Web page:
Boston, United States - In 2015, I fell 25 feet (7.6 metres) from a Redwood tree and was in a coma for 10 days. I spent the rest of that year using an arm crutch and went through four months of outpatient rehabilitation. Nine months later, I had eye muscle surgery to correct double vision that resulted from damage to my occipital lobe. Five years later, I still suffer from fine motor deficits, balance issues, and have trouble with my memory and speech. My first application for Social Security Disability Insurance (SSDI) - a government grant which provides health insurance and a monthly allotment of money for people with disabilities to live on - was filled out on my behalf by my parents. I have no recollection of it and my short-term memory is still impaired.


Deepfake video shows President Richard Nixon announcing the failure of the 1969 moon landing

Daily Mail - Science & tech

A scarily realistic deepfake video shows what it would have looked like if President Richard Nixon was forced to deliver a sombre address to the world had the Apollo 11 mission ended in disaster. It is well-known that the American president had two speeches prepared, one in case of a safe landing and one in the event that tragedy struck. Fortuitously, the landing on July 20 1969 by Neil Armstrong and Buzz Aldrin was a resounding success, rendering the latter redundant. However, experts at Massachusetts Institute of Technology (MIT) have created an entirely artificial video showing what it may have looked and sounded like. It is part of a project called'Moon Disaster' and is designed to draw attention to the risk deepfakes pose and how they can manipulate people and spread fake news.


Could this software help users trust machine learning decisions?

#artificialintelligence

WASHINGTON - New software developed by BAE Systems could help the Department of Defense build confidence in decisions and intelligence produced by machine learning algorithms, the company claims. BAE Systems said it recently delivered its new MindfuL software program to the Defense Advanced Research Projects Agency in a July 14 announcement. Developed in collaboration with the Massachusetts Institute of Technology's Computer Science and Artificial Intelligence Laboratory, the software is designed to increase transparency in machine learning systems--artificial intelligence algorithms that learn and change over time as they are fed ever more data--by auditing them to provide insights about how it reached its decisions. "The technology that underpins machine learning and artificial intelligence applications is rapidly advancing, and now it's time to ensure these systems can be integrated, utilized, and ultimately trusted in the field," said Chris Eisenbies, product line director of the cmpany's Autonomy, Control, and Estimation group. "The MindfuL system stores relevant data in order to compare the current environment to past experiences and deliver findings that are easy to understand."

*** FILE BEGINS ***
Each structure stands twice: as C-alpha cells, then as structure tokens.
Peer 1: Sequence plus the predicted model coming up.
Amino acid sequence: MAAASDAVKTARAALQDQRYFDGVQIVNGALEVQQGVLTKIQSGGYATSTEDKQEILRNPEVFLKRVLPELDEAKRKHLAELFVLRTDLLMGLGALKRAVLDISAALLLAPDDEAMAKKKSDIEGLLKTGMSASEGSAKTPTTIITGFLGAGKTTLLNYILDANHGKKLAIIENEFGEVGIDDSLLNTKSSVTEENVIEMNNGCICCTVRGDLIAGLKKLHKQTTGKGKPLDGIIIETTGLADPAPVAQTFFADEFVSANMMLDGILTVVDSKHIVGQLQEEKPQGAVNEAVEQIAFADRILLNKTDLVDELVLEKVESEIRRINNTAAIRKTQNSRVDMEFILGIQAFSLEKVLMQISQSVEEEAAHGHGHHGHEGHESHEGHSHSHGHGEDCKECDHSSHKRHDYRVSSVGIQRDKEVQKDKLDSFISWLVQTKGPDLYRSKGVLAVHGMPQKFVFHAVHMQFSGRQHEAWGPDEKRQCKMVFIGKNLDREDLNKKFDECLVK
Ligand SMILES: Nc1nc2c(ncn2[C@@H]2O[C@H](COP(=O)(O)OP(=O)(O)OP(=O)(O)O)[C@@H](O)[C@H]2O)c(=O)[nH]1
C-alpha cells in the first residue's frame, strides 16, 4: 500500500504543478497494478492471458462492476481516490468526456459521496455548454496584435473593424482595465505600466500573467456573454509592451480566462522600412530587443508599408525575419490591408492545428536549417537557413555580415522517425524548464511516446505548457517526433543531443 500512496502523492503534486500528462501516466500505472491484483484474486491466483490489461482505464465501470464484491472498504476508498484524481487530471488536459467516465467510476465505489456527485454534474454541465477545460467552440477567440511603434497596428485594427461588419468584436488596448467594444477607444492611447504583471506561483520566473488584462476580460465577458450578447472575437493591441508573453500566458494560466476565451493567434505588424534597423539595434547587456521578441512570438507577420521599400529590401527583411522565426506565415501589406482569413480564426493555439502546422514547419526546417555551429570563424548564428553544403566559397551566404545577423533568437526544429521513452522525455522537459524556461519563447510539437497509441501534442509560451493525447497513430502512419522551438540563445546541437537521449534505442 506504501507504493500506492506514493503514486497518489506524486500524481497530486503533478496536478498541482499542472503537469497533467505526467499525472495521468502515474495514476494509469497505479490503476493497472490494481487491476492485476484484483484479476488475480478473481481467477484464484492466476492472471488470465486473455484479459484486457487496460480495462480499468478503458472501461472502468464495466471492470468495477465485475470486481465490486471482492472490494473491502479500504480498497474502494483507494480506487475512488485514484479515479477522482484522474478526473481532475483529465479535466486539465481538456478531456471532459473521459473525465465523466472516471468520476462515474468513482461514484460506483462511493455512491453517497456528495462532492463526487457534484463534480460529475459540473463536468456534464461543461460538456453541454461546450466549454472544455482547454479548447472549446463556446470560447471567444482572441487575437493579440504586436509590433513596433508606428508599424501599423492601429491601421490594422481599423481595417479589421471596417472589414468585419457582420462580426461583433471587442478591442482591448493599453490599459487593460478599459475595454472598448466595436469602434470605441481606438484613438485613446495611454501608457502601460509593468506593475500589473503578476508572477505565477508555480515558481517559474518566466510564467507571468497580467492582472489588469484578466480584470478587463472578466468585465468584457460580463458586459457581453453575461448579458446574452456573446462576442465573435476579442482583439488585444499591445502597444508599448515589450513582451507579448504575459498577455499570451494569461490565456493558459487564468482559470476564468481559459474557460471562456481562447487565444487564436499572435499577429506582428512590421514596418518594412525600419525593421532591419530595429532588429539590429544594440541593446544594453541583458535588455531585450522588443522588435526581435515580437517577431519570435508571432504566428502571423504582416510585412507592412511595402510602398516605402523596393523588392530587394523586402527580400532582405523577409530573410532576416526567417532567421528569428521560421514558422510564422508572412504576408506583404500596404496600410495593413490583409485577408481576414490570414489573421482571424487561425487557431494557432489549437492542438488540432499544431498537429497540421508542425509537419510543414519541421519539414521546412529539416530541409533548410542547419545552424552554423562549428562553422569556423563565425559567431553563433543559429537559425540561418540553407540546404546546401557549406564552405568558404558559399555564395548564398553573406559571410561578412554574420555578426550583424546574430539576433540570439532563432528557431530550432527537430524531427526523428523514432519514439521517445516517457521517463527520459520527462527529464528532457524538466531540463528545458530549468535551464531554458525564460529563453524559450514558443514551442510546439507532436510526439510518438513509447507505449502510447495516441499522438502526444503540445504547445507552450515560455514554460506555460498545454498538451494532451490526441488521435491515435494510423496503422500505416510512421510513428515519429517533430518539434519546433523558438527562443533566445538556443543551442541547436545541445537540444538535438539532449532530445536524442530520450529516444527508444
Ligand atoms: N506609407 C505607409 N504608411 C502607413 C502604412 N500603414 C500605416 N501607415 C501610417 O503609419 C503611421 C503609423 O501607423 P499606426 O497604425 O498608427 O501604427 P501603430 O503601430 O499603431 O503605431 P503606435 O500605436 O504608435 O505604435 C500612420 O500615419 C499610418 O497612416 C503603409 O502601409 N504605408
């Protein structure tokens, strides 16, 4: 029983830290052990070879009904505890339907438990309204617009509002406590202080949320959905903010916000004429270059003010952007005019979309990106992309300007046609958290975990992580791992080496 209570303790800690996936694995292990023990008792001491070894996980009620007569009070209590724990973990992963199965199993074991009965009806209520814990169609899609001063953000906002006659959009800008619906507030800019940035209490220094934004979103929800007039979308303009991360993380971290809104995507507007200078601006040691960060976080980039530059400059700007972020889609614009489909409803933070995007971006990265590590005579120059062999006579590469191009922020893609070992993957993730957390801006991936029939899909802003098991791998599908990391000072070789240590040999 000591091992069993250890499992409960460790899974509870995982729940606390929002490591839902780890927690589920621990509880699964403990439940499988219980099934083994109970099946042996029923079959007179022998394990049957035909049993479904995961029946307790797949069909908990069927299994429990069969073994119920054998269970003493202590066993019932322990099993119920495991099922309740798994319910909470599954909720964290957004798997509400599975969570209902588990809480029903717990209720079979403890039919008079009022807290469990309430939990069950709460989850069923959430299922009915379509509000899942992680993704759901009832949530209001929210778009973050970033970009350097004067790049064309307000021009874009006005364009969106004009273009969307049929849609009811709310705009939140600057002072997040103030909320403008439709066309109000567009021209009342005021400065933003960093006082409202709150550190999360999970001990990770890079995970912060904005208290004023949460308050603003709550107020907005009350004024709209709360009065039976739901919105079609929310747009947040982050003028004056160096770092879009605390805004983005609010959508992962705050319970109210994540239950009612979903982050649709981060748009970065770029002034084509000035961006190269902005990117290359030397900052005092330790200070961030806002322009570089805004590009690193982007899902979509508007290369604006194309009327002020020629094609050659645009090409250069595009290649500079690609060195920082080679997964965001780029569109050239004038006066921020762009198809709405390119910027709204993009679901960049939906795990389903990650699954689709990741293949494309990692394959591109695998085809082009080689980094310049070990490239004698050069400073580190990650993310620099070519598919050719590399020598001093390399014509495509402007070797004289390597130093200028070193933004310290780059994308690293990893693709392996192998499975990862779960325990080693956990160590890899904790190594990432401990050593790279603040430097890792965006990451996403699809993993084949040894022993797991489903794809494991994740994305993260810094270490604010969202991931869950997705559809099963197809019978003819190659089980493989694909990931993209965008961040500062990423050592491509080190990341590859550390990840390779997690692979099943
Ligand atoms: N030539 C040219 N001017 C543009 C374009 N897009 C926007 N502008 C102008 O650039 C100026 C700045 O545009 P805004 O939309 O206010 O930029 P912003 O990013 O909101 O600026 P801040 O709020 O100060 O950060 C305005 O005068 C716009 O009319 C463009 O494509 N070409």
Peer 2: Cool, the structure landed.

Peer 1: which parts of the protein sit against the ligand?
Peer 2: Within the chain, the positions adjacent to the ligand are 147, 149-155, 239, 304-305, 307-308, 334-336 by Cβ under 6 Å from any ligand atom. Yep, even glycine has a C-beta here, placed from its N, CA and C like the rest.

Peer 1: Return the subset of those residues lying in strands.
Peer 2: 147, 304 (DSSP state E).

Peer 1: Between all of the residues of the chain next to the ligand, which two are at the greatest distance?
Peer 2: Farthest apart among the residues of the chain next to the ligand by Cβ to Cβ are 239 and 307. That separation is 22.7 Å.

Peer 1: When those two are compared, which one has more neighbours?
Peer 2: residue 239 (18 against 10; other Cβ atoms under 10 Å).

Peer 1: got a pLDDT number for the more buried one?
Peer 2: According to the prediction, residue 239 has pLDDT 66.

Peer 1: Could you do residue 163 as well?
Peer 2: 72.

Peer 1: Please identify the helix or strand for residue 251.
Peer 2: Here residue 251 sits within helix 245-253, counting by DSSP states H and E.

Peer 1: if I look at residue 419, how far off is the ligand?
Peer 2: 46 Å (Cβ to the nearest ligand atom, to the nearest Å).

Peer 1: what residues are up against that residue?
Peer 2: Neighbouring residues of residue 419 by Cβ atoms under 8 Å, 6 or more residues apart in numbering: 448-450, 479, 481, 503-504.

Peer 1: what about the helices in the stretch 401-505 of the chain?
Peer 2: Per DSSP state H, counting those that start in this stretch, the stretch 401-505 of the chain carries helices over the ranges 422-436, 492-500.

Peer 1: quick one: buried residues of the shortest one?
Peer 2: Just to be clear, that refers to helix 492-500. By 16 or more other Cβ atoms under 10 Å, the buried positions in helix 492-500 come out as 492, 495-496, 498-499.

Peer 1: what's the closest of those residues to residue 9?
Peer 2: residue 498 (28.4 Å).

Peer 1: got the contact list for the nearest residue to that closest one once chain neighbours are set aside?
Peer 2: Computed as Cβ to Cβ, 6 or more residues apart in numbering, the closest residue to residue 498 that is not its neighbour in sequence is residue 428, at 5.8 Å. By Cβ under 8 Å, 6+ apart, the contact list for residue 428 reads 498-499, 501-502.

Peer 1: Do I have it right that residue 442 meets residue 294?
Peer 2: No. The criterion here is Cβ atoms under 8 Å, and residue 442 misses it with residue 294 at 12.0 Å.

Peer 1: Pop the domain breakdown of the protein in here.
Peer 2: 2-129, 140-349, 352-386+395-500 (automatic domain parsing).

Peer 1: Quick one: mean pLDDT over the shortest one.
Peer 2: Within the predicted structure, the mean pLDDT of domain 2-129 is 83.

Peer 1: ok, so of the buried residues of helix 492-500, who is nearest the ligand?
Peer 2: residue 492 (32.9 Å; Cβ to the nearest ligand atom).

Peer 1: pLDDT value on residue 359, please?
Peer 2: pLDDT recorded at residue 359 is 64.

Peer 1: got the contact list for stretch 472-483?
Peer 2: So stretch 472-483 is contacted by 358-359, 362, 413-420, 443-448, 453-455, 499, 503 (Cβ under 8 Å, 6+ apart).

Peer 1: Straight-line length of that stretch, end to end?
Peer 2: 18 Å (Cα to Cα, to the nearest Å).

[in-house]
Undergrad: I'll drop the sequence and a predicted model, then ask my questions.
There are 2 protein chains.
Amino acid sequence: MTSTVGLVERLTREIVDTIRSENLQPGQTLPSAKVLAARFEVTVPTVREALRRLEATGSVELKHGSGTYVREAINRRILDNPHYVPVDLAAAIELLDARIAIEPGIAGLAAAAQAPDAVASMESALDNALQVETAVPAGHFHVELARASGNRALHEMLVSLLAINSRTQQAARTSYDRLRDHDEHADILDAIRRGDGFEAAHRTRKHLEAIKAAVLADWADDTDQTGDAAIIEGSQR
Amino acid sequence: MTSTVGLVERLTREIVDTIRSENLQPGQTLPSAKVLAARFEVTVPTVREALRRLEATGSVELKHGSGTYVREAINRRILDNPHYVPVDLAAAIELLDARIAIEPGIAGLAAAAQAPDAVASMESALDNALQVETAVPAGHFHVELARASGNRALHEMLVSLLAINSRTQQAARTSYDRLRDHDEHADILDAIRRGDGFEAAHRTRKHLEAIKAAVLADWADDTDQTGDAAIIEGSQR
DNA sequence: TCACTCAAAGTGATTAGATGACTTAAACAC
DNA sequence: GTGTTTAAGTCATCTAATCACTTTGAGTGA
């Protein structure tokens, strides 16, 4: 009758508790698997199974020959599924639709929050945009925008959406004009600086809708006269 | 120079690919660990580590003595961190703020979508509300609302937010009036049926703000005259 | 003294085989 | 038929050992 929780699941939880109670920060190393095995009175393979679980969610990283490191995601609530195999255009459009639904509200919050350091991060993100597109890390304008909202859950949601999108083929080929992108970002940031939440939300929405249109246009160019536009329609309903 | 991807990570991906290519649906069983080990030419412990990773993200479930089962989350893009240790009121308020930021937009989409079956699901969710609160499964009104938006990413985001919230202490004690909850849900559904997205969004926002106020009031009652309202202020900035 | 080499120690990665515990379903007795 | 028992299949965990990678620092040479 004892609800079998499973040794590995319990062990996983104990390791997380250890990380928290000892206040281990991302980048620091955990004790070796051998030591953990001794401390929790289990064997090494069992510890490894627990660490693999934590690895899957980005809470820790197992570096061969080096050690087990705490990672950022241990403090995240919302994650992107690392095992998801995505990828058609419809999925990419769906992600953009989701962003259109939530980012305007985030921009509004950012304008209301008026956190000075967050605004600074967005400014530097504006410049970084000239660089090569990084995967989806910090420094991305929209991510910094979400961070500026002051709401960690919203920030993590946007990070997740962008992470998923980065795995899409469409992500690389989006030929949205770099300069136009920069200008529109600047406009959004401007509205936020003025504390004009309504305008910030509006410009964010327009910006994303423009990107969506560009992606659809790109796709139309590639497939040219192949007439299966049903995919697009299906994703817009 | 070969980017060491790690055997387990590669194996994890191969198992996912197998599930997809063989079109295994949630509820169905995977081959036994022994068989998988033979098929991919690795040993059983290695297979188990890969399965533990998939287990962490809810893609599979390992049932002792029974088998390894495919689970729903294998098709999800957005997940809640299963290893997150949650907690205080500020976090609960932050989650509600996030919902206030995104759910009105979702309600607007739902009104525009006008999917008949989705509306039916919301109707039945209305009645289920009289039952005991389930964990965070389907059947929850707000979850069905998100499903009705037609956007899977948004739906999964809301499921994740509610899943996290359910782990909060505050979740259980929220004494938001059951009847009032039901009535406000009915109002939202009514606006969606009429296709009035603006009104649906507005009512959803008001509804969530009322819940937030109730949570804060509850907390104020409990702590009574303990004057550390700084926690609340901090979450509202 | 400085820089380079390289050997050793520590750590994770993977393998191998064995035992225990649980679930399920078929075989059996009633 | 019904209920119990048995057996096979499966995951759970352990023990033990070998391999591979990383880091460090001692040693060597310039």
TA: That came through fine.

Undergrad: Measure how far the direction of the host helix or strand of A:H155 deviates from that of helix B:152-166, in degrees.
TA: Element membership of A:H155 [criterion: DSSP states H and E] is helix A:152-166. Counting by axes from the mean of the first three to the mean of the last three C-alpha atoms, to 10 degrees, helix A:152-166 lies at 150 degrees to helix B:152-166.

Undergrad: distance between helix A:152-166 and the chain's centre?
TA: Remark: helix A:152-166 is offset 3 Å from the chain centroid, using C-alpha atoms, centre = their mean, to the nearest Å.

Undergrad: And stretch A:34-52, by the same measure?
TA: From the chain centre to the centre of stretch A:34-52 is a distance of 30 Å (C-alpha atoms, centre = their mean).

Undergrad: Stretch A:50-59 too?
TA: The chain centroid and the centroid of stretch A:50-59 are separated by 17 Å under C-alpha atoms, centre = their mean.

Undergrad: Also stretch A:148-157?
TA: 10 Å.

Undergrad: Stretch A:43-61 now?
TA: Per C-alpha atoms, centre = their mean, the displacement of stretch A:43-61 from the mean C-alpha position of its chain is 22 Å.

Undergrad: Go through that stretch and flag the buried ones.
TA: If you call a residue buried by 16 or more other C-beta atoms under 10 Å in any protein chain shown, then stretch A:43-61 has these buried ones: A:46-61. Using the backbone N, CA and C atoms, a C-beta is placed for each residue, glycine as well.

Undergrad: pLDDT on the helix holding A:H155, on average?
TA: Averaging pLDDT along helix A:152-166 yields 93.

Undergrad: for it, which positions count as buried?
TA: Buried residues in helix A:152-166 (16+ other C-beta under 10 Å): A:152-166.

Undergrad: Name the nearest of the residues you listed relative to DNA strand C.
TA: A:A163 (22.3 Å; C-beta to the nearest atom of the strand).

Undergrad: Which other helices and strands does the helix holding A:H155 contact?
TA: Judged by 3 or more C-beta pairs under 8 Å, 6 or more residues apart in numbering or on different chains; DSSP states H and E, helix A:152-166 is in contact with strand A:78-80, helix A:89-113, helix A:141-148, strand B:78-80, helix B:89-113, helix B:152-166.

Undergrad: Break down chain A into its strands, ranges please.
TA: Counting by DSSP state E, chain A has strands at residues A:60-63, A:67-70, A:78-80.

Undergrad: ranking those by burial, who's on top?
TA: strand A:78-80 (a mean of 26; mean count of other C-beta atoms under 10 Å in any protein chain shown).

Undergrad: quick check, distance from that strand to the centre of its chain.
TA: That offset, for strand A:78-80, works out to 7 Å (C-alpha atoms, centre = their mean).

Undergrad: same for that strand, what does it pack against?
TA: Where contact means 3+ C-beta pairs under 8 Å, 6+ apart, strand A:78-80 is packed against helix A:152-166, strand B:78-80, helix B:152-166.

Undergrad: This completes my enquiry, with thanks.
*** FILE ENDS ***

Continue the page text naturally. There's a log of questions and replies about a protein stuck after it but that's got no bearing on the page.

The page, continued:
DARPA honors artificial intelligence expert

#artificialintelligence

Best listening experience is on Chrome, Firefox or Safari. The irony of artificial intelligence is how much human brainpower is required to build it. For three years, our next guest had been on loan from the University of Massachusetts, to the Defense Advanced Research Projects Agency. There's she headed up several DARPA artificial intelligence projects. Now she's been awarded a high honor, the Meritorious Public Service Medal.


DARPA honors artificial intelligence expert

#artificialintelligence

Best listening experience is on Chrome, Firefox or Safari. The irony of artificial intelligence is how much human brainpower is required to build it. For three years, our next guest had been on loan from the University of Massachusetts, to the Defense Advanced Research Projects Agency. There's she headed up several DARPA artificial intelligence projects. Now she's been awarded a high honor, the Meritorious Public Service Medal.


Ed Markey, Ayanna Pressley push for federal ban on facial recognition technology

Boston Herald

Massachusetts Sen. Ed Markey and Rep. Ayanna Pressley are pushing to ban the federal government's use of facial recognition technology, as Boston last week nixed the city use of the technology and tech giants pause their sale of facial surveillance tools to police. The momentum to stop the government use of facial recognition technology comes in the wake of the police killing of George Floyd in Minneapolis -- a black man killed by a white police officer. Floyd's death has sparked nationwide protests for racial justice and triggered calls for police reform, including ways police track people. Facial recognition technology contributes to the "systemic racism that has defined our society," Markey said on Sunday. "We cannot ignore that facial recognition technology is yet another tool in the hands of law enforcement to profile and oppress people of color in our country," Markey said during an online press briefing.